And the most challenging?
Right now, we are all united in the same challenge. We want to make proper change for the improvement of all of our lives, which of course means sustainable futures. We strive towards this in our practice across all disciplines. There are many challenges in any creative role, but this is the challenge we are focused on.
What did you study in school/ university?
In school, I studied Art, English, and History. At university, I took up Graphic Design with a specialism in Branding and Packaging.
Where are you from originally?
I was born in Poole, Dorset. I instinctively need to be by the sea at certain times of my life.
What was your first job?
Apart from various seaside jobs which I was bad at (I never learnt to make a 99 Flake very well), I began my design career at Coley Porter Bell under the direction of Alison Miguel, who really believed in me and gave me a lot of creative freedom and trust. I’m really grateful for the opportunities I had as such a young designer.
What sparked your interest in design?
The people around me as an infant. My mother who drew, my mother’s friends who were wallpaper designers and artists. They were always very kind to me and encouraging.
Do you have a mentor or inspirational figure that has guided or influenced you?
I meet many people who inspire me constantly. I’ve recently reconnected with a leading Professor at St. Martins who unlocked the power of design to me in my twenties. Now that I’m a co-founding partner in a professional practice of my own, I am looking to her again for insight on how I can use design to influence change for good, at the very top level. It’s exciting and influential.
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What were some hurdles you had to overcome in the early days of Here Design?
In the early days we were three people trying to pitch and win the same projects as the world-renowned design studios. But that just made it much more fun in a way – we had nothing to lose so we could really push ourselves creatively.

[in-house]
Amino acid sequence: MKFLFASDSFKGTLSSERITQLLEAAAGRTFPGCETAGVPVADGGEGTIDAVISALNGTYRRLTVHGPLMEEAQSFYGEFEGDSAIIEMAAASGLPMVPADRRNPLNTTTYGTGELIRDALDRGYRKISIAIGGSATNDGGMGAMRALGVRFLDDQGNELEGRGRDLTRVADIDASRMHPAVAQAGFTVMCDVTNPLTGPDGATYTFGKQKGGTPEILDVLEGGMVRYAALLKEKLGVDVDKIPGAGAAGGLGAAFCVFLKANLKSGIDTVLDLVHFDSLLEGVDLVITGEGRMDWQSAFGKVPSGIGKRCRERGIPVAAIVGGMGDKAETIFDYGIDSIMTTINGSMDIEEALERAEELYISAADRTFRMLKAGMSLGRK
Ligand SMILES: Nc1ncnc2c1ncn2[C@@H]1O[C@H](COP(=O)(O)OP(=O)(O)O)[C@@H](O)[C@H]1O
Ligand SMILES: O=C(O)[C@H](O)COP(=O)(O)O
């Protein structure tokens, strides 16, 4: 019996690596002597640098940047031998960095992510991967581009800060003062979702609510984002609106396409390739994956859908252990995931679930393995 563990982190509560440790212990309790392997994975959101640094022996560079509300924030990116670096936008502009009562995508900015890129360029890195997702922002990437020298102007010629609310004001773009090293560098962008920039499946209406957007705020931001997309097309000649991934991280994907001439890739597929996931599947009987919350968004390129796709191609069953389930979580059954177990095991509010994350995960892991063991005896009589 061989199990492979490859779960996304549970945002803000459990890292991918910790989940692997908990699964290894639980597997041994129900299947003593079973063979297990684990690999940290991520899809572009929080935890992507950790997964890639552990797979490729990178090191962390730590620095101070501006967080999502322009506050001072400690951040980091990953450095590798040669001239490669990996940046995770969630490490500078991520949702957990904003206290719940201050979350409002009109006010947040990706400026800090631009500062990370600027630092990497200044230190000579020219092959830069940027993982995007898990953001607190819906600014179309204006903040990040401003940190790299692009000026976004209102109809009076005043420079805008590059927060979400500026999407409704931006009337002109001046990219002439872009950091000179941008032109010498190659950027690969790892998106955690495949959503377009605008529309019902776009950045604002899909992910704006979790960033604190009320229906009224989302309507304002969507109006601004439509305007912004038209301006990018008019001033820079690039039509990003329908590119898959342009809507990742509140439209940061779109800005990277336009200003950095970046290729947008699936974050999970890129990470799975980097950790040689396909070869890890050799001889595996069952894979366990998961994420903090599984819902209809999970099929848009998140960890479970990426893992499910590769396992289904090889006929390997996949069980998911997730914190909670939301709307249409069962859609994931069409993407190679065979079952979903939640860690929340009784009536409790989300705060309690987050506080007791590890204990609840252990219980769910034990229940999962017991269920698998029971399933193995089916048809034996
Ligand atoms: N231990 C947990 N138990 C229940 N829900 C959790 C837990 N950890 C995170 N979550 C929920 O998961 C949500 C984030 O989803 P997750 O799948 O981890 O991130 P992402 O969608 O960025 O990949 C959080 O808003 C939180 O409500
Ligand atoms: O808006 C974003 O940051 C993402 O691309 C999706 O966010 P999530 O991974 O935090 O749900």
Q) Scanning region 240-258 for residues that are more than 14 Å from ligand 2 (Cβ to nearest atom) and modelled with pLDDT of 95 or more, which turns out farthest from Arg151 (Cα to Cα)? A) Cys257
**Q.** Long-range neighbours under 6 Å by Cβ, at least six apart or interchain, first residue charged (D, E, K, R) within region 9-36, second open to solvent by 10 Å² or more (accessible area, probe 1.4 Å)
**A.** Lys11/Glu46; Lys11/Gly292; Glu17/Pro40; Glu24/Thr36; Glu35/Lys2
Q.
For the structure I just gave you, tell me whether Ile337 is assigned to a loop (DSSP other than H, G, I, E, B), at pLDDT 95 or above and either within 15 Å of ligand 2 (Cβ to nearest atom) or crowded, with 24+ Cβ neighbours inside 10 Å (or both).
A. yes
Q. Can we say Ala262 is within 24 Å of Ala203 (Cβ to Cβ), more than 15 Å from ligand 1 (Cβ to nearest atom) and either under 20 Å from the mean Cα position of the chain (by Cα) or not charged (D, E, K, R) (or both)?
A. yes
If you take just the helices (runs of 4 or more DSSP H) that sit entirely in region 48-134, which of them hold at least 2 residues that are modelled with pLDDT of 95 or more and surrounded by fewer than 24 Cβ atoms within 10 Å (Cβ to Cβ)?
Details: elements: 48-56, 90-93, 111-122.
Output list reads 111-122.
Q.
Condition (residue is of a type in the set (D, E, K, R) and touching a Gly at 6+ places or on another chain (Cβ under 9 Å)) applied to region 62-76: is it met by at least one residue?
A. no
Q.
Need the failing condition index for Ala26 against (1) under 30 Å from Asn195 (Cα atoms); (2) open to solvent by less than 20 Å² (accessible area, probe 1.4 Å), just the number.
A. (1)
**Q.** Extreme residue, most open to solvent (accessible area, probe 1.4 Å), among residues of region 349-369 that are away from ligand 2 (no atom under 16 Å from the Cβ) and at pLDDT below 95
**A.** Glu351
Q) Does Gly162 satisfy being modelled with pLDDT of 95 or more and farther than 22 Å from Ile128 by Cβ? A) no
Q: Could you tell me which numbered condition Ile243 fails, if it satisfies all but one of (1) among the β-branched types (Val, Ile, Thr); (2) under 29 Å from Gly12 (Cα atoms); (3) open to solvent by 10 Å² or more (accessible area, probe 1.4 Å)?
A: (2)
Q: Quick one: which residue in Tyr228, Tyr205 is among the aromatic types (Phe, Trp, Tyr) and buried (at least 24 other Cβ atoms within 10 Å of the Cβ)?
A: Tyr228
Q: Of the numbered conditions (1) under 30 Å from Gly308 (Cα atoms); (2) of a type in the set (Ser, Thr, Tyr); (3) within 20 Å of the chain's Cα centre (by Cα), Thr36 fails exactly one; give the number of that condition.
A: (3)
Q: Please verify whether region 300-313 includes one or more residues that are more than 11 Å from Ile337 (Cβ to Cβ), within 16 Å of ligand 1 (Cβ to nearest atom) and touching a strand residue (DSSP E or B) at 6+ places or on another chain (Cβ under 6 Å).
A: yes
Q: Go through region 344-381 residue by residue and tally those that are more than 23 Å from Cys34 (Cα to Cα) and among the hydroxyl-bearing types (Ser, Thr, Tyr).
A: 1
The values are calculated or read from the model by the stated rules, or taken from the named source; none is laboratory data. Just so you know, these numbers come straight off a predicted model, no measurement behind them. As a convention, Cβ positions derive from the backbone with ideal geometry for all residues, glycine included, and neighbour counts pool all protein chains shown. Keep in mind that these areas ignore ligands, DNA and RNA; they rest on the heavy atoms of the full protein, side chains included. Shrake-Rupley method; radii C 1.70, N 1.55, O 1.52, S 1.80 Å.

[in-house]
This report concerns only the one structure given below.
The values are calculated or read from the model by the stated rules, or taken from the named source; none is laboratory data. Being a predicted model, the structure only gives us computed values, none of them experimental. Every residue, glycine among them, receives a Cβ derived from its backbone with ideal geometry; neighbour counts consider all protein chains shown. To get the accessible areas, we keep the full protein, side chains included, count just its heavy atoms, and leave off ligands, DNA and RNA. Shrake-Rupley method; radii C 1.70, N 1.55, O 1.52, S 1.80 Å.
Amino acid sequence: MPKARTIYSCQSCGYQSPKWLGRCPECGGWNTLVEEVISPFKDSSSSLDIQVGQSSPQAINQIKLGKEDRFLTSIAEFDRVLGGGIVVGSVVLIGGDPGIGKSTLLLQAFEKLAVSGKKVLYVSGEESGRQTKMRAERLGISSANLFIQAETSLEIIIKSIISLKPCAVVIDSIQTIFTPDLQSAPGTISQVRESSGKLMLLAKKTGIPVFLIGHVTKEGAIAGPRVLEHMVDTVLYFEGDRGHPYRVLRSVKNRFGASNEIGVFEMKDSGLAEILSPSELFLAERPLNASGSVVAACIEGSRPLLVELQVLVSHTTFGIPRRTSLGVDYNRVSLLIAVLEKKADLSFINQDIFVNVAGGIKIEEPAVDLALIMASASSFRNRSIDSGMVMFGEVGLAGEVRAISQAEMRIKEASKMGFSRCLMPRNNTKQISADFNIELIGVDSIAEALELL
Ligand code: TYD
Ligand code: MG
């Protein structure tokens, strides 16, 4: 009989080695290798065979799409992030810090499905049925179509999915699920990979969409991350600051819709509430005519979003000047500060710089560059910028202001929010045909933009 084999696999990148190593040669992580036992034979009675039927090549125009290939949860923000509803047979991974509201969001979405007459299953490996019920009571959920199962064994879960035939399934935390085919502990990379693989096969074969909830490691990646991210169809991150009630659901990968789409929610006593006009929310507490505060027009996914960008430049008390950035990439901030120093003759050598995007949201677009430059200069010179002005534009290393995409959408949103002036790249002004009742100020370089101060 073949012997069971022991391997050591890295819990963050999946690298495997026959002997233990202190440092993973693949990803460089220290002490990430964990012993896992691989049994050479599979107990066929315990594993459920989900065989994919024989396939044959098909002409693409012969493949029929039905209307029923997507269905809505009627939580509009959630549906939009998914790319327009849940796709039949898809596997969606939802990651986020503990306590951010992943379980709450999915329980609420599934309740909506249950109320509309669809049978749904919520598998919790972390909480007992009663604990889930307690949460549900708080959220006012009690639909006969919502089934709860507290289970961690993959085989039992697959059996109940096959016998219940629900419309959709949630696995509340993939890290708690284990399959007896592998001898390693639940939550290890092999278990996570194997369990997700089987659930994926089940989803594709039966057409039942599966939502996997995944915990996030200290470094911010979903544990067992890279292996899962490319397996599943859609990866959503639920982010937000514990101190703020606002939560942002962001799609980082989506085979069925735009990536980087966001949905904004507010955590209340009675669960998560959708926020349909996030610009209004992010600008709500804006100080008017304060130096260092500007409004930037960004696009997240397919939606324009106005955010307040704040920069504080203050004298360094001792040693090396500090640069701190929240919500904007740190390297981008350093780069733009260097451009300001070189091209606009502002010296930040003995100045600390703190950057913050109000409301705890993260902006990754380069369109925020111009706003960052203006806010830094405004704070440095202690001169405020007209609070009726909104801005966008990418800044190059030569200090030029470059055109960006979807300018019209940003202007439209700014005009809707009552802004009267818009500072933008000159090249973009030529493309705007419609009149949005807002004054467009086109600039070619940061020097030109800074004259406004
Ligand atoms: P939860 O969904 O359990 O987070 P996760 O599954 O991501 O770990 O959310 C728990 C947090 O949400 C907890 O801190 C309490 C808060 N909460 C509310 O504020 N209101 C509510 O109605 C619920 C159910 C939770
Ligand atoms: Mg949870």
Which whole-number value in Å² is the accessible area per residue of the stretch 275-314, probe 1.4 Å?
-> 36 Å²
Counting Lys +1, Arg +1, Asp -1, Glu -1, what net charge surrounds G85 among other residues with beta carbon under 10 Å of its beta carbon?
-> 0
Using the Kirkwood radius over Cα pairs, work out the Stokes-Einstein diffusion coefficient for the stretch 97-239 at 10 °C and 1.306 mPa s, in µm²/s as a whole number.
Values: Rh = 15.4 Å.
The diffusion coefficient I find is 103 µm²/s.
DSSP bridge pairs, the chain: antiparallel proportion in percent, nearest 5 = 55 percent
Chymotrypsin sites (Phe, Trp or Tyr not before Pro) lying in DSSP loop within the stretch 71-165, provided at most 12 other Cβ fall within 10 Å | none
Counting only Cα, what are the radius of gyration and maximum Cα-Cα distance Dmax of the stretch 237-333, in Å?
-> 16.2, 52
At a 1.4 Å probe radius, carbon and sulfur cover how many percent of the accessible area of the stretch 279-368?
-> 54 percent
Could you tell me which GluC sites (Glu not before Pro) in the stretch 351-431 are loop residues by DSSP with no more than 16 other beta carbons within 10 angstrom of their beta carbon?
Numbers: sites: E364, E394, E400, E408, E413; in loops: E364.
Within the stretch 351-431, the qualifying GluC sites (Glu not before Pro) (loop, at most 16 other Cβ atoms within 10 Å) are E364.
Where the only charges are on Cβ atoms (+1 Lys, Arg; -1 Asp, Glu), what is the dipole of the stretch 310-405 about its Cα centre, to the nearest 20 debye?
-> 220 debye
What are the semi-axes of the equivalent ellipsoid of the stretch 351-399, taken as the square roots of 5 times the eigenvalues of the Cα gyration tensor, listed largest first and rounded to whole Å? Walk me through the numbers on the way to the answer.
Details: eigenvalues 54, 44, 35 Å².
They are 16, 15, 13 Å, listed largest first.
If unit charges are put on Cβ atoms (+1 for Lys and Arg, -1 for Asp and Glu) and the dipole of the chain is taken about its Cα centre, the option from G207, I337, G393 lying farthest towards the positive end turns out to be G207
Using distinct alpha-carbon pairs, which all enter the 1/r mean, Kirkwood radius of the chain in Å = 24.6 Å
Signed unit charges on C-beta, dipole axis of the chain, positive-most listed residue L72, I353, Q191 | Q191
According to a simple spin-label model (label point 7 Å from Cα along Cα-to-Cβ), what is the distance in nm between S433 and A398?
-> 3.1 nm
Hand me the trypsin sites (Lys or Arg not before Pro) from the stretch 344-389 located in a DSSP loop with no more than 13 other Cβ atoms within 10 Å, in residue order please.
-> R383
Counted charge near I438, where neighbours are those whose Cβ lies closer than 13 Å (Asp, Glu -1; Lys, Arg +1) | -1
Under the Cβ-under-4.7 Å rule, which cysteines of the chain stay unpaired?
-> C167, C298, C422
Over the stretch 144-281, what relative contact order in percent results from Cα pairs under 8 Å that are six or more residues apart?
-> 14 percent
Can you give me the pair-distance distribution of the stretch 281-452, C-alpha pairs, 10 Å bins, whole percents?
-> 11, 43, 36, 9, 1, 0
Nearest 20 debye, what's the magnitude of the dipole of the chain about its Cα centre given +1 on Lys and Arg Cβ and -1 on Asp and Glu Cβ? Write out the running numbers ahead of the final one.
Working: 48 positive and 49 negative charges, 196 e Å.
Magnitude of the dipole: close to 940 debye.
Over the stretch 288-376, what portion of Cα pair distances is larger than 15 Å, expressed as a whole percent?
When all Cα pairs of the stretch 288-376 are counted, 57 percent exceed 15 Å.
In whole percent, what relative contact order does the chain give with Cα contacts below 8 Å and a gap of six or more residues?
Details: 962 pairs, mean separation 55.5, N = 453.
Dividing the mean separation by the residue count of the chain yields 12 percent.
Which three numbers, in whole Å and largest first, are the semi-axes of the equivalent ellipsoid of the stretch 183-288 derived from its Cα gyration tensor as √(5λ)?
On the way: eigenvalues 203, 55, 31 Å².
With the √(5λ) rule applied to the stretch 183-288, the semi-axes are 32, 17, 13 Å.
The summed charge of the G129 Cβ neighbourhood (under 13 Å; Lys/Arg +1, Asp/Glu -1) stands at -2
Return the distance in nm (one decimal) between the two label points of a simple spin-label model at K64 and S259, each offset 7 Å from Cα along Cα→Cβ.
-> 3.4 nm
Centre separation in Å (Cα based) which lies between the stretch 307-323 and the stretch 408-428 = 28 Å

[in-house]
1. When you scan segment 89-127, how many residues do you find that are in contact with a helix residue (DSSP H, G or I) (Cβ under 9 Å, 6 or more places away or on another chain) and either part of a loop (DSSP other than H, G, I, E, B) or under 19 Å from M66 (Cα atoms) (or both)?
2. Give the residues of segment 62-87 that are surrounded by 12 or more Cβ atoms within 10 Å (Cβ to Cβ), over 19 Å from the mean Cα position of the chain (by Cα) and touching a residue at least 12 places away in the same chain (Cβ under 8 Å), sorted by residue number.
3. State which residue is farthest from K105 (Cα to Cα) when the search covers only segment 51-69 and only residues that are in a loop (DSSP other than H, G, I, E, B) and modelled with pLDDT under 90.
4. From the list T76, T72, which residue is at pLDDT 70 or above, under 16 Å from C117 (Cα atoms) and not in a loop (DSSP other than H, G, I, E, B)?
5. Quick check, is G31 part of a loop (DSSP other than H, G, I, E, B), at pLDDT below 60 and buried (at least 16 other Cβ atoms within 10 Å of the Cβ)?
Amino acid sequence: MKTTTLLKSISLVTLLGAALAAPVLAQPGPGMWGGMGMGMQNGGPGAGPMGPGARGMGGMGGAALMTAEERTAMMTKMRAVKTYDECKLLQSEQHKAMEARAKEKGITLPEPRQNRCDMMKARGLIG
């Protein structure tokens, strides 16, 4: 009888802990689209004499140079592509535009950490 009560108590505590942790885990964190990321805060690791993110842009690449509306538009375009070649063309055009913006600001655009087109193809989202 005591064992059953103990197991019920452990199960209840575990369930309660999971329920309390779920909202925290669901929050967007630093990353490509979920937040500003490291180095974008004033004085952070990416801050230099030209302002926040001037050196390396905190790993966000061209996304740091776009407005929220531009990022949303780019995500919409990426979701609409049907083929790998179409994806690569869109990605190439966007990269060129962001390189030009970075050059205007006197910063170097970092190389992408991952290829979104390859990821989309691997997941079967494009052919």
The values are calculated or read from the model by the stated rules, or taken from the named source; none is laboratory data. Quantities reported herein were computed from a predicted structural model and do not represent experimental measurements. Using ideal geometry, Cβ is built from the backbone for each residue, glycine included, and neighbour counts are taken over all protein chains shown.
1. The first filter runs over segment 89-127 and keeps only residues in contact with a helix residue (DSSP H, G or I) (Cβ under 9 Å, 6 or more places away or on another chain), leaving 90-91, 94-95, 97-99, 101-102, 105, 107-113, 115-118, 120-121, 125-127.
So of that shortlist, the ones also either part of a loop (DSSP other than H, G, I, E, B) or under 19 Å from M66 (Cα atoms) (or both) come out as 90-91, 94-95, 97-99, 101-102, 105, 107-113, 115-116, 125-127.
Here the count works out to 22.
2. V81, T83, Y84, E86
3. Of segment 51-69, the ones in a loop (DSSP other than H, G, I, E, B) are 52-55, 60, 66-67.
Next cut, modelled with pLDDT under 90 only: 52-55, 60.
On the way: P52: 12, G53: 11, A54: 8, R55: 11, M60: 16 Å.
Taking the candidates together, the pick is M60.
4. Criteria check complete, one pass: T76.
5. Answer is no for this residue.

What’s the most important business lesson you’ve learned?
The best advice you’ve ever received…
Change is good.
What are you working on right now?
I’m currently creating a two-day festival for the studio team. It is part of our year-long cultural programme called The Almanac, which is all about enriching the experience of being a part of Here Design and celebrating our incredible work. During the summer, we will host a festival called The Great Escape that’s all about the theme of liberation. Having been in survival mode for the last 16 months we need to recalibrate and reconnect before we are ready to get back into our more socially interconnected lives. This festival is a chance for our team to ease themselves back into their liberated minds!
What’s next for Here Design?
In the immediate future we’ll be doing a lot more digital creative work as we’ve now grown our own team. It’s incredible to see how digital design can revolutionise our connection to brands and being a truly multi-disciplinary team, the studio now has no creative boundaries.